15 Things I Learnt from my Trip to Thailand

Big Buddha in Thailand

The almost palpable aroma of spicy street food, a blur of colourful tuk tuks and the all en-compassing hubbub of vendors and tourists doing the song-and-dance of a typical Thai barter… Thailand is a feast for the senses. There is simply no destination quite like it. This buzzing country promises an adventure around every corner – whether you’re looking for nightlife in Bangla Road or to escape to a secret cove away from the sociable commotion of the city. We spent a whirlwind week discovering the highlights of Phuket, Krabi and Phi Phi Island and uncovered a few fast facts about the incredible “Land of Smiles”…


1. The truth behind the “Spirit Houses”

Spirit houses by Wikimedia Commons

While travelling through Thailand, you may notice the colourful miniature temples outside just about every building you pass.  These are known as “spirit houses” or a “place for the tevoda spirit”. Found throughout Thailand, Cambodia and Burma, these small shrines are typically located in the corner of a house or business and are usually in the form of a small temple mounted on a pedestal and decorated with tiny statues, candles, incense and flowers.  The spirit houses you’ll see on your travels may differ in size and ostentation depending on the wealth of the owner. They are intended to provide a shelter to appease evil or mischievous spirits in order to protect the home or the success of a business.


2. Book your transfers in advance

Ferry in Thailand

Island hopping through Thailand isn’t simply about booking your flights and hotels and being done with it. There can be many hidden costs involved if you don’t plan your road and water transfers between hotels and islands before you leave home. And unless you prefer the flexibility of travelling where you want, when you want, trying to book a last-minute taxi on your phone late at night adds an extra layer of stress to your holiday that you just don’t need.

Tip: Our Thailand experts can book your ferry, road or water transfers before you leave. Call us today to book your hotel and transport in advance. 


3. Enjoy the fresh fruit smoothies

Fresh pineapple and mango juice in Thailand

Take advantage of the incredible array of fresh colourful fruit grown in Thailand, from spiky litchis to the unusually shaped dragon fruit. You can pick up a fruit smoothie (you will watch them blend pure fruit pieces of your desired fruit with ice) for just 20 Baht, the equivalent of about 44p.

Tip: If you’re visiting the Wat Chalong Temple in Phuket, we’d recommend picking up a Kiwi soda – it’s slightly more expensive at 50 Baht (£1) but it’s one of the most delicious fresh juices we’ve ever tasted.


4. Always shop around

Bangla shopping road

One thing you will notice when you get to Thailand is the surprising disparity in pricing. For example, you can hire a scooter for the day for just 250 Baht but you can expect to pay 100 Baht for an ice cream. When shopping in the local markets, keep in mind that the Thai are used to tourists and for this reason, some of them will be hesitant to let you barter with them. If that’s the case, move along as you will likely find exactly the same thing at the next store.

Tip: Most vendors will double the price of a garment or item when you first ask. Always try and barter down to half the price. Keep a smile on your face as this is the Thai way. If they try to rip you off, use the term “mi di” (pronounced my die) which means “cannot” and walk away.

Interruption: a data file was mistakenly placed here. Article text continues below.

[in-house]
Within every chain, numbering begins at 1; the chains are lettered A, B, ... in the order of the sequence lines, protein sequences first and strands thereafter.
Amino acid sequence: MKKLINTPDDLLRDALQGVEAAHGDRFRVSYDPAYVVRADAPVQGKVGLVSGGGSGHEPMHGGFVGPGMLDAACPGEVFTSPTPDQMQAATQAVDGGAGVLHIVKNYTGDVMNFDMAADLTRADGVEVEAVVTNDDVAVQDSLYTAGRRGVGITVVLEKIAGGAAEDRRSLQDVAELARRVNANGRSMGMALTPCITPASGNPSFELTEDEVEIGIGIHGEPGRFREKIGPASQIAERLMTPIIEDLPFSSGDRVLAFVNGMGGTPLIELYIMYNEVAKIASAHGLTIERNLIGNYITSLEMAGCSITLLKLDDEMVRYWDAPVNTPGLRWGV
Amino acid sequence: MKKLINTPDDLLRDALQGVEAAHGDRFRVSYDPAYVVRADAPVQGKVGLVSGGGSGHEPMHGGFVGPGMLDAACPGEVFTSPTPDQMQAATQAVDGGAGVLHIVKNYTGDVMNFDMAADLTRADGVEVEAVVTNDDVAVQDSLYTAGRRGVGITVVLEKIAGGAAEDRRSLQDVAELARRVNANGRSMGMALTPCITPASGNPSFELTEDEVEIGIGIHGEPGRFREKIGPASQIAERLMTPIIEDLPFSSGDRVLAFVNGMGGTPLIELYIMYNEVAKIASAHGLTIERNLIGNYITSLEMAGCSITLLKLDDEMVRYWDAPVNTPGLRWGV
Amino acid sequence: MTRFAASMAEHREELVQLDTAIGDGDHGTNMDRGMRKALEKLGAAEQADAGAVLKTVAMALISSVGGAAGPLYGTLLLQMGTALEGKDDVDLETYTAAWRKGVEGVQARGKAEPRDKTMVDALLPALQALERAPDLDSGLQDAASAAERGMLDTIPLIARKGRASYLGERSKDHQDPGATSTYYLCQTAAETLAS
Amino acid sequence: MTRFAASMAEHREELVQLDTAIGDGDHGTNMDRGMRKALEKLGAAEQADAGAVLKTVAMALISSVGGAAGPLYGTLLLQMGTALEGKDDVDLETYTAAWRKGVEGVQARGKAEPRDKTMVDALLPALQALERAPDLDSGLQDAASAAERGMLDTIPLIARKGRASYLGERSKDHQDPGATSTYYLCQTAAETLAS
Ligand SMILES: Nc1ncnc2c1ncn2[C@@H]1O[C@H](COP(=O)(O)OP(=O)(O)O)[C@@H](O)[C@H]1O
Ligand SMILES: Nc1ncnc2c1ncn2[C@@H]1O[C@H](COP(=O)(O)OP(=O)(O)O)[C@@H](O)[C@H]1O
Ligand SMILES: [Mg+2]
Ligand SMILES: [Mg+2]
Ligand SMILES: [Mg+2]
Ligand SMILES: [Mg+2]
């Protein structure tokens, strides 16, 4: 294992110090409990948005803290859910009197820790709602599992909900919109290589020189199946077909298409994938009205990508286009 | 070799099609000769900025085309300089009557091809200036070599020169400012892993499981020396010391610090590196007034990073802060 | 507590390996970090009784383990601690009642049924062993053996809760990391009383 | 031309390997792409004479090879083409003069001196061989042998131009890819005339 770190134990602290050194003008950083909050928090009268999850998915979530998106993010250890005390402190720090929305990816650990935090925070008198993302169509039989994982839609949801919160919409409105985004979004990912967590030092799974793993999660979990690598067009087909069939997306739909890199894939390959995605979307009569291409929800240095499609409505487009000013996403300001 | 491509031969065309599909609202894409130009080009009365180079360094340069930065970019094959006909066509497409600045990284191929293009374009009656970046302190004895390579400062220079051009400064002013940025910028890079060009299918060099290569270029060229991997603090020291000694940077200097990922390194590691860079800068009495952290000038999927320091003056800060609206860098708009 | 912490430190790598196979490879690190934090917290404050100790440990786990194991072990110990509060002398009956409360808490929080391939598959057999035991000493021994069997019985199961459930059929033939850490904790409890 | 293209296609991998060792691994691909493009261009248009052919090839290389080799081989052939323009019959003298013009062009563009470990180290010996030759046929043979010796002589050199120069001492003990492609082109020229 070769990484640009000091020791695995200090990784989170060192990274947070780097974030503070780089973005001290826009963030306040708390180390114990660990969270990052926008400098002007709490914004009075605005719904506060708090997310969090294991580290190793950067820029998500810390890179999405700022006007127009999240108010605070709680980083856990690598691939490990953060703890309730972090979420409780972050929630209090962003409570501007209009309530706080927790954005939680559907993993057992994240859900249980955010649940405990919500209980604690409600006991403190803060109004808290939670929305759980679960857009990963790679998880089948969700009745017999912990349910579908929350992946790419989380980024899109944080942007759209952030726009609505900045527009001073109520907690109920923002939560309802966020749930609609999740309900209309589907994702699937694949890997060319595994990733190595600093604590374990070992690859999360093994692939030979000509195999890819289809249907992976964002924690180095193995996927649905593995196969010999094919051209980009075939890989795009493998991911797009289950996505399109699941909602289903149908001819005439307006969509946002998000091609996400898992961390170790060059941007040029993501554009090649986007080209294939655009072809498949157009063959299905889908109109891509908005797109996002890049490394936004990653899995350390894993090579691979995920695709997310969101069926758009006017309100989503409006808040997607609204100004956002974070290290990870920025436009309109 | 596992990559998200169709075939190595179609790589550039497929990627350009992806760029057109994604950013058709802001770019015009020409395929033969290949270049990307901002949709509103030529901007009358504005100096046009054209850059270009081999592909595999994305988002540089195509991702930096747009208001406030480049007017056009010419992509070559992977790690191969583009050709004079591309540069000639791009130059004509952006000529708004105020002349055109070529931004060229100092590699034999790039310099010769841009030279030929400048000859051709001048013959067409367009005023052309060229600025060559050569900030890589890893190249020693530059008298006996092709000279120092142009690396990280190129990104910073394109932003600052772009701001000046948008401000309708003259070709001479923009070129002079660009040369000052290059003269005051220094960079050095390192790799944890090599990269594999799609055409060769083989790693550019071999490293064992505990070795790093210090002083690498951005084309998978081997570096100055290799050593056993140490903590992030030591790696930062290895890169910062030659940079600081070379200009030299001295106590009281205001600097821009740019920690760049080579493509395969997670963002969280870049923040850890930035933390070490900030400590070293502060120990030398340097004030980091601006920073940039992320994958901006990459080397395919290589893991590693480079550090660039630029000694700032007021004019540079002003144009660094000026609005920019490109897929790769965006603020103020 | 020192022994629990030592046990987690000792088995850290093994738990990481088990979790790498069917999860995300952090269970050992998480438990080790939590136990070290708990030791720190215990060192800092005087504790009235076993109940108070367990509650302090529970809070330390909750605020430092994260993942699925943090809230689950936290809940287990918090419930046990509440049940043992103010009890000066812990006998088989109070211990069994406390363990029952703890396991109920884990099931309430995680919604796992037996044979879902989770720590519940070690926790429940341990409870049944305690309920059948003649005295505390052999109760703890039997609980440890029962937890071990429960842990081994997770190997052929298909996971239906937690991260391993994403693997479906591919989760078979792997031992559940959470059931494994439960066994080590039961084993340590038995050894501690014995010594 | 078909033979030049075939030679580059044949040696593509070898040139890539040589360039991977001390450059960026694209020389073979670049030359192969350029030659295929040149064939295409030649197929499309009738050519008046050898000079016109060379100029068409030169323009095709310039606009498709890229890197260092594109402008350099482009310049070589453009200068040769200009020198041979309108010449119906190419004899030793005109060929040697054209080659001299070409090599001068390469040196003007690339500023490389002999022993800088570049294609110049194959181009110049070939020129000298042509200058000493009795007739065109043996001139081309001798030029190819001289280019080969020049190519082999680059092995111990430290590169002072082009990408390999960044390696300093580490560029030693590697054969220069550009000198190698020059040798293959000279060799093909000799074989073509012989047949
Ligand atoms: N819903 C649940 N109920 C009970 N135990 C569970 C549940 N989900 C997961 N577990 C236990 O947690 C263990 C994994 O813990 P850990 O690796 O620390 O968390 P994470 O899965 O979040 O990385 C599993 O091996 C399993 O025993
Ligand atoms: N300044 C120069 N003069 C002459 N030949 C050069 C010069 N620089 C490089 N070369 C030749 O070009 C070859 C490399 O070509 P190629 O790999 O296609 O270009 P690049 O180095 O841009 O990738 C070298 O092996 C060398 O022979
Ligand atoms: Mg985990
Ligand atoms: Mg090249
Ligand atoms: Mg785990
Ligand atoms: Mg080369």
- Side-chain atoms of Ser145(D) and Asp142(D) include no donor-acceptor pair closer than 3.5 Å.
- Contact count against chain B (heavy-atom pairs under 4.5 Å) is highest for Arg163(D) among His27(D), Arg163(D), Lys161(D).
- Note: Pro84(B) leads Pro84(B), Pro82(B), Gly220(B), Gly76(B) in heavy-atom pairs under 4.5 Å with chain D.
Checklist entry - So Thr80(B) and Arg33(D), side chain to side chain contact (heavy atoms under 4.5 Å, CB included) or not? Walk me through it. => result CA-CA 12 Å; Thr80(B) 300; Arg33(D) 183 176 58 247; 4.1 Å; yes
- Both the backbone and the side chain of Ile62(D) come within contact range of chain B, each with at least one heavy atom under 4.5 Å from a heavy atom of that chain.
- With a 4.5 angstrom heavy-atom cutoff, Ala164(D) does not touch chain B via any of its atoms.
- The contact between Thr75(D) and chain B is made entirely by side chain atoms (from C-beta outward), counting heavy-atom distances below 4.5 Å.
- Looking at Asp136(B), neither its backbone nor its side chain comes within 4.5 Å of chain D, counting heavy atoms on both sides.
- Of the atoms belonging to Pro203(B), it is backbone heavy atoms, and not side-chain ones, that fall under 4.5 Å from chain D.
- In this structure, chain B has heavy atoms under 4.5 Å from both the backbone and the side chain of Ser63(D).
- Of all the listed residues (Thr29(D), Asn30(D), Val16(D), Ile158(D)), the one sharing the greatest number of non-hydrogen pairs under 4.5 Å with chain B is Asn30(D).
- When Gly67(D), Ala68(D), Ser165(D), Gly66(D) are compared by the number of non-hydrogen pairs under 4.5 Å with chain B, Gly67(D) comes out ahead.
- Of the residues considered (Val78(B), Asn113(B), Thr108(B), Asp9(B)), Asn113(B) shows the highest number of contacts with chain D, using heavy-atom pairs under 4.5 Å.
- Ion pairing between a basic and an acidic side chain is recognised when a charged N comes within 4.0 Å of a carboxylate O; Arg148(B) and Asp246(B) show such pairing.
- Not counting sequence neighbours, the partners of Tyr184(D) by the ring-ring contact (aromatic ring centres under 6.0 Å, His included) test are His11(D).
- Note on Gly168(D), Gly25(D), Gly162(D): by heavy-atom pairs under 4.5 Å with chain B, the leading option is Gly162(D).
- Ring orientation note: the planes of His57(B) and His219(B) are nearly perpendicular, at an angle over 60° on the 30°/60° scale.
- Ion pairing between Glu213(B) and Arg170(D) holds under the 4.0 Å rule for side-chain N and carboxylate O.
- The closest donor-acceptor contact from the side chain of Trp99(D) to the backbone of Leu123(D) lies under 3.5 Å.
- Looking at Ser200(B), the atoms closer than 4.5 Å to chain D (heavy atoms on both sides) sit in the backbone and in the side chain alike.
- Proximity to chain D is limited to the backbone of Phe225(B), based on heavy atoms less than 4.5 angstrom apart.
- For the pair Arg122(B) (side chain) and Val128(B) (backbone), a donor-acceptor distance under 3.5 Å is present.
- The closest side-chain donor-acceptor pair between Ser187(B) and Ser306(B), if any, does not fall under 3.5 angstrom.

5. Learn a bit of Thai

Welcome at Zeavola Resort

Despite being a popular tourist destination, there are still many places and even high-end hotels in Thailand where they still don’t speak a lot of English. We’d recommend learning a bit of basic Thai before you go. If you don’t have time, buy a phrase book or download a translation app. Most transfers and local tour handlers (such as long tail boat tour drivers) will simply be drivers so don’t expect them to offer any information about the area you are passing.

Tip: The Google Translate app is free of charge and can be used offline by downloading a language pack. Download the app for Android and IOS


6. Hire a scooter

Scooters in Patong

Getting around Thailand can be expensive. Hiring a scooter is by far the cheapest mode of transport. You can hire a scooter for 250 – 300 Baht for 24 hours (£5.50 for a day!) with a full tank of gas and you simply have to refill the tank when you’re done which will cost you around 40 Baht, less than a pound! The hire price includes a helmet. Don’t be fooled by the locals not wearing them – the driving in Thailand can be erratic.

Tip: Most scooter hire places will ask for your passport as collateral. NEVER give away your passport. Some places will allow a cash deposit instead (3,000 – 5,000 Baht) which will cost much less than the price they could make you pay if the scooter is damaged and they have your passport. Take photos of any scratches on the scooter before you leave – and make sure they see you taking them. You then have proof to show if the scooter was scratched beforehand.


7. Taxi vs bus vs tuk tuk

View from a Tuk Tuk

If you’re looking to explore, make sure you consider your options. Various companies offer cheap tour travel such as the Baht Bus which travels along specific routes with fares starting at as little as 10 Baht. Beware of tuk tuk drivers wanting to rip you off – we wanted to do a bit of sightseeing (Karon viewpoint, Big Buddha, Wat Chalong Temple and the Upside Down House) and took a walk through Kata to find a good price. We were offered 2,000 Baht for an hour or two by tuk tuk. Instead, we hired a taxi for the day at 1,500 Baht for 5 hours and we could go wherever we wanted. Always make sure you negotiate your route and price beforehand. That being said, a ride in a tuk tuk is a must while you’re in Thailand.